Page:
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Third annual West Coast Boxing Hall of Fame sold out

West Coast Boxing Hall of Fame
West Coast Boxing Hall of Fame

By John J. Raspanti

This Sunday at the Garland hotel in North Hollywood, CA, champions, challengers, promoters, writers and legends will gather for the 2017 class of the West Coast Boxing Hall of Fame Banquet of Champions.


Oscar Albarado, Paul Banke, Albert Davila, Paul Vaden, Loreto Garza, Andy Kid Heilman, Frankie Crawford, Ernie Lopez, Frankie Duarte, Randy Shields, Mickey Davies, Bobby DePhilippis, Dick Enberg, Pancho Villa, Bill Caplan, and Blanca Gutierrez will be inducted October 15 at the Garland Hotel Event Center in North Hollywood, CA.


Albarado, nicknamed “Shotgun,” was one of the most exciting junior middleweights in the 1970s and ‘80s. His wars with Hedgemon Lewis, Armando Muniz, and Ernie Lopez, all at the Olympic Auditorium, are some of the most memorable matches in the annals of boxing.


Banke, captured the World Boxing Council super-bantamweight title by stopping heavily-favored Daniel Zaragoza at Great Western Forum in Inglewood, CA. His courage was admired inside and outside the ring for battling both opponents and illness. 


Davila was one of the most exciting fighters to grace the hallowed halls of the Olympic Auditorium. The 5’3” dynamo won the bantamweight world title in 1983.


Vaden captured the International Boxing Federation super middleweight title by upsetting champion Vincent Pettway. He won 29 of 32 bouts in his nine-year career, scoring 16 knockouts.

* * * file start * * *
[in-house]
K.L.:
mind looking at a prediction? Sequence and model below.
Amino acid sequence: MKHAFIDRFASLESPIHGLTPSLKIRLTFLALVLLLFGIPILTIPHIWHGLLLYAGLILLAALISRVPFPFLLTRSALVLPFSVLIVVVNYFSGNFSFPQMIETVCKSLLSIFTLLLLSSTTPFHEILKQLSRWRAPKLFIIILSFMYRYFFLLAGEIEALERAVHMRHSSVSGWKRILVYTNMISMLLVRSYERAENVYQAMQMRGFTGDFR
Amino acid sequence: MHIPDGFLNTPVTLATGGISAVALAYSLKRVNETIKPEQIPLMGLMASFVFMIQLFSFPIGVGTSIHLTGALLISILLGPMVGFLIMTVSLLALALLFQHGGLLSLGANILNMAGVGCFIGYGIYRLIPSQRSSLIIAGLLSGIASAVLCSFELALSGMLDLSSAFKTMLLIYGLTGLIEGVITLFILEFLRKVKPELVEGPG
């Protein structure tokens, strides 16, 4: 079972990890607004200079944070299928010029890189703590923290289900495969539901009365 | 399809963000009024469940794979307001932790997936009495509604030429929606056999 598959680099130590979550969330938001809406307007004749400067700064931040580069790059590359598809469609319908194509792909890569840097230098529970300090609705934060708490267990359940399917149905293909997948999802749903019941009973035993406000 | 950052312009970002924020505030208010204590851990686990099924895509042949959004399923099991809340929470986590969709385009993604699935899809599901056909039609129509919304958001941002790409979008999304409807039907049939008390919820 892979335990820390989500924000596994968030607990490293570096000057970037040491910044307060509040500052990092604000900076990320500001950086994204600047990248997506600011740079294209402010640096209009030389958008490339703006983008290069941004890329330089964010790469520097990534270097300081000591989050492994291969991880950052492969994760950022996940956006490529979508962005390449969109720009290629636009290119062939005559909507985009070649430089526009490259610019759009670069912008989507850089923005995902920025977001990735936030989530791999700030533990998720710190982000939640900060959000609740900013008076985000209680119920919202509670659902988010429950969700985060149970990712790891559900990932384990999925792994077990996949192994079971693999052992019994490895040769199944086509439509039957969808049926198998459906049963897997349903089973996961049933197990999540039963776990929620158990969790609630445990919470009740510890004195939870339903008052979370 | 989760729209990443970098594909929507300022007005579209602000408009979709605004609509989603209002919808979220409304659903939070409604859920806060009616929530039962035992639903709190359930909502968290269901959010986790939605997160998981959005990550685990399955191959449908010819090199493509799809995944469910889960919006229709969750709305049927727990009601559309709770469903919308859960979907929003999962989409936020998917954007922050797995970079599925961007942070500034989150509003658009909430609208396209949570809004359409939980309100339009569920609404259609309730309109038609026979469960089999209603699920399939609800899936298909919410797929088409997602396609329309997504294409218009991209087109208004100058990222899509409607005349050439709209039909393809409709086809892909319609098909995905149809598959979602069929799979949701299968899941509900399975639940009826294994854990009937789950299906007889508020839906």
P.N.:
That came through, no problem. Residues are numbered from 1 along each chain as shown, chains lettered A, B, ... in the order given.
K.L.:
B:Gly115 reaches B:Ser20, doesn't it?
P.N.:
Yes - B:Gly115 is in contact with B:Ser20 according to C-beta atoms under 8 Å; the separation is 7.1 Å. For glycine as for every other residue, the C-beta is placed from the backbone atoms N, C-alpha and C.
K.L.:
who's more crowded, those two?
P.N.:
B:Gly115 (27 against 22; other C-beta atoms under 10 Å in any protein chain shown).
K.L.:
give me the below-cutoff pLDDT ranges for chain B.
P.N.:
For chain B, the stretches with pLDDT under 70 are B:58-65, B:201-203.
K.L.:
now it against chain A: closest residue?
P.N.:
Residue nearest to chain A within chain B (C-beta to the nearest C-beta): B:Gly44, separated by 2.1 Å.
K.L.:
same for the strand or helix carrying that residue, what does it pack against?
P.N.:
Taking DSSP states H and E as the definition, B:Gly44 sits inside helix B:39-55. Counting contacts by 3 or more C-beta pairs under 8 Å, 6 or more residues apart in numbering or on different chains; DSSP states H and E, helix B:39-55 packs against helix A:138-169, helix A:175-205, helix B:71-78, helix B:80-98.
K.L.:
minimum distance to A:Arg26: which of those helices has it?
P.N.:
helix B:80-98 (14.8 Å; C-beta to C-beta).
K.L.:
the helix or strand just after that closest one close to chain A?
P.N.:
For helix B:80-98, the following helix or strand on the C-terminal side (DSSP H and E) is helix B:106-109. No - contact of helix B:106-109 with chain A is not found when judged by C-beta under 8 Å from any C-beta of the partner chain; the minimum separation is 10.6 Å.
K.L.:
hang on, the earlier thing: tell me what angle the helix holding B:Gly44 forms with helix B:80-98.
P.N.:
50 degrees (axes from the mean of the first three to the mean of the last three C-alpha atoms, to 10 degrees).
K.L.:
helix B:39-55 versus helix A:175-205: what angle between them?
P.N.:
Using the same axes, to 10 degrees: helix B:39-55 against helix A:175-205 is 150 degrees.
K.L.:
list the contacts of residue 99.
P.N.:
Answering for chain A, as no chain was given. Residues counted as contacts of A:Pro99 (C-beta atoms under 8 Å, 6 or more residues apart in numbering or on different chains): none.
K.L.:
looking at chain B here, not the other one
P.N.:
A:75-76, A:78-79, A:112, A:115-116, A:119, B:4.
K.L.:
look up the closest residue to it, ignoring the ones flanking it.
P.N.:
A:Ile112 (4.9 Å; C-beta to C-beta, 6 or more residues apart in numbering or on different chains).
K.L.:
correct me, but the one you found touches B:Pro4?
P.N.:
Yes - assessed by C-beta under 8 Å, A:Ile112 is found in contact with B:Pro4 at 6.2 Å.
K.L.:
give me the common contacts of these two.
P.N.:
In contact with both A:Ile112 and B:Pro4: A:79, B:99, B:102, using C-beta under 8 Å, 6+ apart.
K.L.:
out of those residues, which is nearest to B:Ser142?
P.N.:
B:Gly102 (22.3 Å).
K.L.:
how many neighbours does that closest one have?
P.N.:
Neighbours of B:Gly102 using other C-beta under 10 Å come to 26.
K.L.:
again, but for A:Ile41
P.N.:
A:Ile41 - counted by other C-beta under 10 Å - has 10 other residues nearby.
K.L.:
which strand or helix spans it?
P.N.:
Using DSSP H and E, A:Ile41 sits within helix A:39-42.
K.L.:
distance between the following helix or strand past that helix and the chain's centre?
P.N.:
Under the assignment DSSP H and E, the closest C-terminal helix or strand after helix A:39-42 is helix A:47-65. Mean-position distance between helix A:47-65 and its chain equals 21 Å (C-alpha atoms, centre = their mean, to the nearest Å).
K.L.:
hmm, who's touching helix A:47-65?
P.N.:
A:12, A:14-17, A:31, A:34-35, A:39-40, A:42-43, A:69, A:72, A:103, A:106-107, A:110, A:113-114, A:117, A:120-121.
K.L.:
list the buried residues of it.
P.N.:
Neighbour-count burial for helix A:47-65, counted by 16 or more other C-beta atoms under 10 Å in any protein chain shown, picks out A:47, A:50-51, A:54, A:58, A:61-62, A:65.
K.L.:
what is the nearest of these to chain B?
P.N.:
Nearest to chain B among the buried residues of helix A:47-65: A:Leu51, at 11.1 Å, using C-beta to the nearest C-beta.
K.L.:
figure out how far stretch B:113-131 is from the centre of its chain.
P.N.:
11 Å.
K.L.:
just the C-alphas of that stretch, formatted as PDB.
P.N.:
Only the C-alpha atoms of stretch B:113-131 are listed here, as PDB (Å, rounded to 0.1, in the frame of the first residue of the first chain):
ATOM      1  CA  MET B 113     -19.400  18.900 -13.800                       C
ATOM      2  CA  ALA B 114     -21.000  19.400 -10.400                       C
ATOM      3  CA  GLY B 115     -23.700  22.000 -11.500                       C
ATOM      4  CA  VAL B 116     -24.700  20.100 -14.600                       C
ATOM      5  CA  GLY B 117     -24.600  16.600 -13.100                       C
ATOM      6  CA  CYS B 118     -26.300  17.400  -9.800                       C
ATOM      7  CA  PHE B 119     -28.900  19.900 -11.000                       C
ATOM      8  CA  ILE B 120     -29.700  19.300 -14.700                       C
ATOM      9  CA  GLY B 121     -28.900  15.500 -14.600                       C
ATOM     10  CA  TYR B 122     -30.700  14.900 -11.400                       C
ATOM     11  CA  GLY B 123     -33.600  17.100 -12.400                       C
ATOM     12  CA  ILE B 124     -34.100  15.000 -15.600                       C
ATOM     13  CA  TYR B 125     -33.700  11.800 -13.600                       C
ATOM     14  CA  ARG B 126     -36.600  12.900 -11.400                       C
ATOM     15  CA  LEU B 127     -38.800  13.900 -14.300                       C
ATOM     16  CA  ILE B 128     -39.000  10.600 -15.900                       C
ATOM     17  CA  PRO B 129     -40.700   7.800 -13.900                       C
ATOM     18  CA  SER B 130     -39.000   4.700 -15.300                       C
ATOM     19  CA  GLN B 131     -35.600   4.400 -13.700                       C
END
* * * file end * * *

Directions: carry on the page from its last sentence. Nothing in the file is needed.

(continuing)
Garza was one of the hardest-hitting boxers in the junior lightweight division. Offered a shot at a world championship, he traveled to France to defat Juan Martin Coggi in 1990.


Heilman, a middleweight, battled fellow contenders Florentino Fernandez, Jimmy Lester, Nate Collins, Charley Shipes, Andy Kendall, and Hall of Famer Emile Griffith,in the 1960s. Although worthy, he never got a shot at a world title.


Crawford fought everybody and anybody in the 1960’s and ’70’s. His battles with champions Mando Ramos, Vicente Saldivar, Eder Jofre, and Bobby Chacon, are still legendary.


Lopez gave noted welterweight champion Jose Napoles everything he could handle during two brawls at the Forum in Inglewood, CA. He holds victories over Lewis, Albarado, and Raul Soriano.

Durate was one of the most talented boxers to ever lace on the gloves. In 1987, The Ring magazine named him the “Comeback Fighter of the Year” after his thrilling victory over Davila.


Shields, who resembled a Southern California surfer, fought with the ferocity of a bulldog. His resume list names with names that include Ray Lampkin, Wilfredo Benítez, Pipino Cuevas, Sugar Ray Leonard, and Thomas Hearns.


Davies was a matchmaker at the Olympic Auditorium in the 1960’s and ’70’s. He was also co-host of “Boxing from the Olympic” one of the highest-rated sports programs on the West coast.  


DePhillppis learned boxing promotion from his fatherRoberto. Father and son backed an unknown San Diego heavyweight named Ken Norton in the 1970’s. Bobby took over for his dad in the 1980’s, promoting fights at the El Cortez hotel in downtown San Diego, CA.


Enberg, barely 30 when he was hired to announce fights at the Olympic, would go on to become a popular sports announcer. He is fondly remembered for his catch phrase, ‘Oh, My!” 


Villa, was one of the greatest Filipino boxers, winning 77 of 81 fights during a career that ended unexpectedly when he died at the age of 23.


Caplan, still going strong at 81, has built lifelong friendships with fighters thanks to his loyalty and integrity, gaining him respect within the boxing world.  


Gutierrez was a successful kickboxer before turning her sights on the fight game. She founded the Baby Face Gym, soon becoming a staunch advocate of womens’ boxing.


The West Coast Boxing Hall of Fame is dedicated in upholding the integrity, accuracy, and memory of the great fighters




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